The scenes where Sam and his dad are playing Minecraft are some of the best in the novel, and there’s a moment where others join in the game and the boy tastes independence, which almost broke me. I was in tears at different points throughout A Boy Made of Blocks and didn’t mind what people on the bus thought about that. I wasn’t there. I was building a fortress of blocks, while feeling around for tissues in my bag, and hoping not to have to deal with any monsters. I felt as if I got a real insight into how Sam’s autism affected his way of thinking and how he sees the world. I could see why Minecraft’s world appealed to him, what he got pleasure from, what made him afraid and why, and this helped me to see what it was about the real world that was so different and scary for this little boy.

What A Boy Made of Blocks ultimately shows is that if we give someone our time, and attempt to understand their interests, and what it is that makes them so enthusiastic or passionate about them, or just plain happy, then we’re a good way towards understanding them better. And that can only help and deepen our relationship with them, surely? A Boy Made of Blocks is not only a touching story of a father-son dynamic gone awry, and how modern life can break fragile things, such as our relationships and families, but it also shows how that could be mended through time spent and patient understanding. A Boy Made of Blocks illustrates the healing power of time together on another’s interests, not yours. And yes, it definitely succeeded in showing me why games such as Minecraft appeal even if I’m not quite ready to pick up a controller and give one a go.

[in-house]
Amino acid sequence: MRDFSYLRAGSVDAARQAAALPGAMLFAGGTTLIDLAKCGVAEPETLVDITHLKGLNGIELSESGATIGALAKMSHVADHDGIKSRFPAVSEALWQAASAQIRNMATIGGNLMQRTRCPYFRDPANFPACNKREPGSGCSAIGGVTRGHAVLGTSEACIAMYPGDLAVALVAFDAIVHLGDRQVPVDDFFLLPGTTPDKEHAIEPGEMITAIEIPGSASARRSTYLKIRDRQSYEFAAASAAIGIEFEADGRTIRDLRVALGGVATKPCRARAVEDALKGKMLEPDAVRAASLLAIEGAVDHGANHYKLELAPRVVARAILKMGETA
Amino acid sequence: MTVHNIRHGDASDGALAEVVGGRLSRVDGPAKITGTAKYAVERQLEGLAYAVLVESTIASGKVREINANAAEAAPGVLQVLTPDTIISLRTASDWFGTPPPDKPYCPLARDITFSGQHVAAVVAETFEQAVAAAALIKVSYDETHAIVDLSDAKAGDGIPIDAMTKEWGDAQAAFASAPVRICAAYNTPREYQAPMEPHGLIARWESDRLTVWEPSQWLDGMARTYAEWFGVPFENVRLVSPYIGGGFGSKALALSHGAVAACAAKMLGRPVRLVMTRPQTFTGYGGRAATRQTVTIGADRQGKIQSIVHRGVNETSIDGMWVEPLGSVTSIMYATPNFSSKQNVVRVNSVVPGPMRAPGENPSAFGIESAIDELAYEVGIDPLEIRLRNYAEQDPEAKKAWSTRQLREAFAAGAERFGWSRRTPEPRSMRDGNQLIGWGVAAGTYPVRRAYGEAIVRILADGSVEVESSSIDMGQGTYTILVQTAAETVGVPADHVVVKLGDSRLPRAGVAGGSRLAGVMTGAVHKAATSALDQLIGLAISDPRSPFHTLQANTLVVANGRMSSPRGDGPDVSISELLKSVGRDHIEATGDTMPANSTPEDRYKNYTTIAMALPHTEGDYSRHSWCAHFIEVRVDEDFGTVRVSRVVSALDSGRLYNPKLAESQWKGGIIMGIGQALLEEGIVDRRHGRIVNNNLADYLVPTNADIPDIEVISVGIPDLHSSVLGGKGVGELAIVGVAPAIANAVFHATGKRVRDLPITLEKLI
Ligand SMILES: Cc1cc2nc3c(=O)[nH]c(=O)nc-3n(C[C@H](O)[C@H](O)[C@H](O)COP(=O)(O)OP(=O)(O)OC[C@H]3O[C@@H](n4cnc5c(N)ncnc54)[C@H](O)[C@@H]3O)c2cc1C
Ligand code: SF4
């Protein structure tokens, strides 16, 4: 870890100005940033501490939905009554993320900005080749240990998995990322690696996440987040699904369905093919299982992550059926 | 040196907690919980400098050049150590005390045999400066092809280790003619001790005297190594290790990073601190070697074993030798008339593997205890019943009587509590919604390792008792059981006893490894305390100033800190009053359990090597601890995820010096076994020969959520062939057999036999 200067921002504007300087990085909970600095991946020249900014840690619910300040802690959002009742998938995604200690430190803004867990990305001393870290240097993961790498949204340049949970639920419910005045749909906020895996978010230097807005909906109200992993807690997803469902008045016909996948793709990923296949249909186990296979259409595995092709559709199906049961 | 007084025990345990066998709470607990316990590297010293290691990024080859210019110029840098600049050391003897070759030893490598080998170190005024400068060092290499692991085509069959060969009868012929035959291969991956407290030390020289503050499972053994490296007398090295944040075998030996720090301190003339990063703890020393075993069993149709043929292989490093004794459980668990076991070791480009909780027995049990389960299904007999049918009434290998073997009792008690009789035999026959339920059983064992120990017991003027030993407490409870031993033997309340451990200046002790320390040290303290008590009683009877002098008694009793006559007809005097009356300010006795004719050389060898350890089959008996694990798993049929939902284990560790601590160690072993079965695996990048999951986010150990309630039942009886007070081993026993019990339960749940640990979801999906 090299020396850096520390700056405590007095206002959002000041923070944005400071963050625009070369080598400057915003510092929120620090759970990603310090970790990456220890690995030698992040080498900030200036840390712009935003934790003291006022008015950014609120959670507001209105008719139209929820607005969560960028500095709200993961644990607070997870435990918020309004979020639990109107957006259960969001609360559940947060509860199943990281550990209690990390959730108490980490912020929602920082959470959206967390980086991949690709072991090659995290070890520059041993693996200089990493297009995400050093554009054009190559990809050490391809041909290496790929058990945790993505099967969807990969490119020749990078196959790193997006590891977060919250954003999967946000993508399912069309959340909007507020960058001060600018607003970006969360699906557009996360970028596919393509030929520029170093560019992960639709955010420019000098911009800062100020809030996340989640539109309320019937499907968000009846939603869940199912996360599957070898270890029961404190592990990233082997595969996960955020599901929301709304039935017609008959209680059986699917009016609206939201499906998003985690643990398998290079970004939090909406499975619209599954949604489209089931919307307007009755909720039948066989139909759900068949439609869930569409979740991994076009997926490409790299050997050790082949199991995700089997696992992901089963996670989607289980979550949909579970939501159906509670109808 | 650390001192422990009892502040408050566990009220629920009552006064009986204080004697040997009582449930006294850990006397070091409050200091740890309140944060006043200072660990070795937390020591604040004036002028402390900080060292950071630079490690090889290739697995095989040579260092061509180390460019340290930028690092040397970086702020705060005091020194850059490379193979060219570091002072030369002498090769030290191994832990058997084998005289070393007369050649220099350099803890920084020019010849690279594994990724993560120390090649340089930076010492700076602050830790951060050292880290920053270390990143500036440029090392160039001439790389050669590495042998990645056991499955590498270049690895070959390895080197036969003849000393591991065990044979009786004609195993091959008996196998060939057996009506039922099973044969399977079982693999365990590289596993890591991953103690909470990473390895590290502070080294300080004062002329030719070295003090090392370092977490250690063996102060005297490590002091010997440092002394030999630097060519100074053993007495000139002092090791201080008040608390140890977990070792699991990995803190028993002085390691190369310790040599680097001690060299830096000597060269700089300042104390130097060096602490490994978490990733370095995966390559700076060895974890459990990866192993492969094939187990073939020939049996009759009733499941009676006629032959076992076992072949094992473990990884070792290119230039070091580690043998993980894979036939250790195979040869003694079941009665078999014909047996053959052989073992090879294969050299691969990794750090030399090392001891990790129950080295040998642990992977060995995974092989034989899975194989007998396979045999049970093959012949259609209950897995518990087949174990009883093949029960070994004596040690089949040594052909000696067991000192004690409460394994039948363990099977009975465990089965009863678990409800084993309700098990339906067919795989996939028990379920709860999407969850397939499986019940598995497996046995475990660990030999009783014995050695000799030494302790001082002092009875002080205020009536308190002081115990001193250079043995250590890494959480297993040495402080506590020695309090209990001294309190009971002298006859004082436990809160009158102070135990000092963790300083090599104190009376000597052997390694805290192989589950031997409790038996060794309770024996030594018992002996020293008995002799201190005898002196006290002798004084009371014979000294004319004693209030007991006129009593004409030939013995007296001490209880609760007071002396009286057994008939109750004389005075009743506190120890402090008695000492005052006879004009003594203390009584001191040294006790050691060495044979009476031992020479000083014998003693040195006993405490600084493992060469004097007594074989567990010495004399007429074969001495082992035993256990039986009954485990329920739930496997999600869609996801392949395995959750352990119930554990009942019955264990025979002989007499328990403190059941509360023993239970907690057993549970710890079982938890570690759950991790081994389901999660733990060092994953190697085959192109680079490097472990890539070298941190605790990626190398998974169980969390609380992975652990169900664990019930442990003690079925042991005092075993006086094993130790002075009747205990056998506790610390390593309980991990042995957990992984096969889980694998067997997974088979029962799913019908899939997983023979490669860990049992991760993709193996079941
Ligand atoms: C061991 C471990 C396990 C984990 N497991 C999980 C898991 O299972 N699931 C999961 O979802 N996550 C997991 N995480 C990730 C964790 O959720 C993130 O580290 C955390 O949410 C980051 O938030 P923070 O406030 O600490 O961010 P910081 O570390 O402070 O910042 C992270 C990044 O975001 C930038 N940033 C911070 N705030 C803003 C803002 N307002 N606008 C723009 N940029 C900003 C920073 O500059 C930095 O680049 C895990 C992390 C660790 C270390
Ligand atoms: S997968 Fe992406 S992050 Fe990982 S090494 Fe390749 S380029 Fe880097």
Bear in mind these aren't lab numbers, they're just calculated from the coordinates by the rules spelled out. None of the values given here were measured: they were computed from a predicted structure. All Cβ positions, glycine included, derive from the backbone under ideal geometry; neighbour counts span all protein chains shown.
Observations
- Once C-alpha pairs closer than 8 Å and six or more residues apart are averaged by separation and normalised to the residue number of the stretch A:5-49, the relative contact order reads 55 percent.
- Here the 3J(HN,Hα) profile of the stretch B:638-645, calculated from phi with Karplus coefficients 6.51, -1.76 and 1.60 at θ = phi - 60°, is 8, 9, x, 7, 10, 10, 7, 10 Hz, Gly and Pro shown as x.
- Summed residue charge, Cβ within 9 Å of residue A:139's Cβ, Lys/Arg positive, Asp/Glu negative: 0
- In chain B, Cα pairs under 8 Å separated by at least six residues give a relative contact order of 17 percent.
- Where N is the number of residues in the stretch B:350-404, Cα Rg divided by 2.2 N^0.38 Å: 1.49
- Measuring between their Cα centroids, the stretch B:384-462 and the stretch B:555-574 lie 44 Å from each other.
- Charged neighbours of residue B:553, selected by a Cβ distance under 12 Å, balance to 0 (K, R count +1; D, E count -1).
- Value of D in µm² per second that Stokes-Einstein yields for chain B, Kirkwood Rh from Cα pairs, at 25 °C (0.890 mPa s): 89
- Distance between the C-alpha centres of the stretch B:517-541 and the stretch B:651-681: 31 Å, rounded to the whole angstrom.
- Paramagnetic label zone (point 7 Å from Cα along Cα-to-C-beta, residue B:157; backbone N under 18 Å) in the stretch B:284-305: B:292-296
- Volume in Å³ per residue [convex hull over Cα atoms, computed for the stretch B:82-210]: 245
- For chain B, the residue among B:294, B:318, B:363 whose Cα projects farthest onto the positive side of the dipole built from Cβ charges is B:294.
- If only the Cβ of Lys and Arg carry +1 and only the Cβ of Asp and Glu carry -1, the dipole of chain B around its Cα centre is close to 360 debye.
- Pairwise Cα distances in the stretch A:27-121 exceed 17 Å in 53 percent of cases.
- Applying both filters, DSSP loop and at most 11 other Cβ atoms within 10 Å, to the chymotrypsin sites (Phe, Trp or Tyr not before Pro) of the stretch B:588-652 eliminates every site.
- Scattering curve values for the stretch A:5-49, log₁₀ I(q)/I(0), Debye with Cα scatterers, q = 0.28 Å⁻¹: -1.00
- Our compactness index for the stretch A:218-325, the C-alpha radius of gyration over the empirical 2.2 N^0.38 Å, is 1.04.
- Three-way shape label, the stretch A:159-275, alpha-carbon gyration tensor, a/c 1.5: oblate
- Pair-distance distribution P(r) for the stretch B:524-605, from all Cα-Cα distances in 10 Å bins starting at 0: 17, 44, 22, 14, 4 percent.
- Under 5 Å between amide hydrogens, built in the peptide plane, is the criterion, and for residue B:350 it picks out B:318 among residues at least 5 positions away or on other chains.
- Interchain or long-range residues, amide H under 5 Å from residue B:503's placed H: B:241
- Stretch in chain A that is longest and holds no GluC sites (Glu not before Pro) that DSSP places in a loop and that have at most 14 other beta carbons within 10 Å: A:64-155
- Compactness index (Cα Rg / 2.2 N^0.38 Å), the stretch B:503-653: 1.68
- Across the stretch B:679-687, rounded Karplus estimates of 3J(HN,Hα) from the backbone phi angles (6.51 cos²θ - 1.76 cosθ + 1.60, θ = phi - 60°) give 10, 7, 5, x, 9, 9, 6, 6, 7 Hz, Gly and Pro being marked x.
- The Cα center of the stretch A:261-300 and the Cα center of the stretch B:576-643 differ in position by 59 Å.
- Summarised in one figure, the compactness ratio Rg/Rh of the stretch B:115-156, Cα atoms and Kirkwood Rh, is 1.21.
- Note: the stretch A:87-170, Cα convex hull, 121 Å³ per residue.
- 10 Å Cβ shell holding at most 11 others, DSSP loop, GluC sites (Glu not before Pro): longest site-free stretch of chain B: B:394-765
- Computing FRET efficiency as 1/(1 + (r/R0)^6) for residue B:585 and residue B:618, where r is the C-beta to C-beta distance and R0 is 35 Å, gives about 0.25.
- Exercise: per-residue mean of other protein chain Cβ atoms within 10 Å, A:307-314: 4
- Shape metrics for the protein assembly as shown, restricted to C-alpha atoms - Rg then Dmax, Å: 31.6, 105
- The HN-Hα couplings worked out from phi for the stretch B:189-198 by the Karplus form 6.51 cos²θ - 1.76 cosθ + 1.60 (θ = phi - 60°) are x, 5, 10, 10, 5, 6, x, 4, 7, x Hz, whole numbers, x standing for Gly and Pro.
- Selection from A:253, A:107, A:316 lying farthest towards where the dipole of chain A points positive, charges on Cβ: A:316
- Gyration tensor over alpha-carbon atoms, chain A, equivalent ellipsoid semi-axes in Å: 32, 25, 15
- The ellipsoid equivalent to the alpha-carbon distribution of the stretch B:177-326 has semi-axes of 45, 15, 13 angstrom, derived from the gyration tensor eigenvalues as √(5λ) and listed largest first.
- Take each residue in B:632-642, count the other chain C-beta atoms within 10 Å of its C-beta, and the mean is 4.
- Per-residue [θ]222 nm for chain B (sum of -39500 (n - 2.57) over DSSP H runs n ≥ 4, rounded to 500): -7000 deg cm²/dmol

A Boy Made of Blocks by Keith Stuart is published by Sphere, an imprint of Little, Brown and is currently available in hardback and as an ebook with the paperback due out at the end of the month. You can find it at Amazon UK, Hive (supporting your local independent bookshop) and Waterstones. To follow the Author, check out his Tumblr or Twitter.



  1. Cat Hughes says:

    I am also interested in understanding autism better, and I have always felt, on just about any subject, that fiction is often more instructive than non fiction, because we become so immersed that we don’t realise what we’re taking on board.

    1. kath says:

      Yes, I think you’re right, not least because you’re seeing the characters as real people with lives rather than case studies to illustrate a point.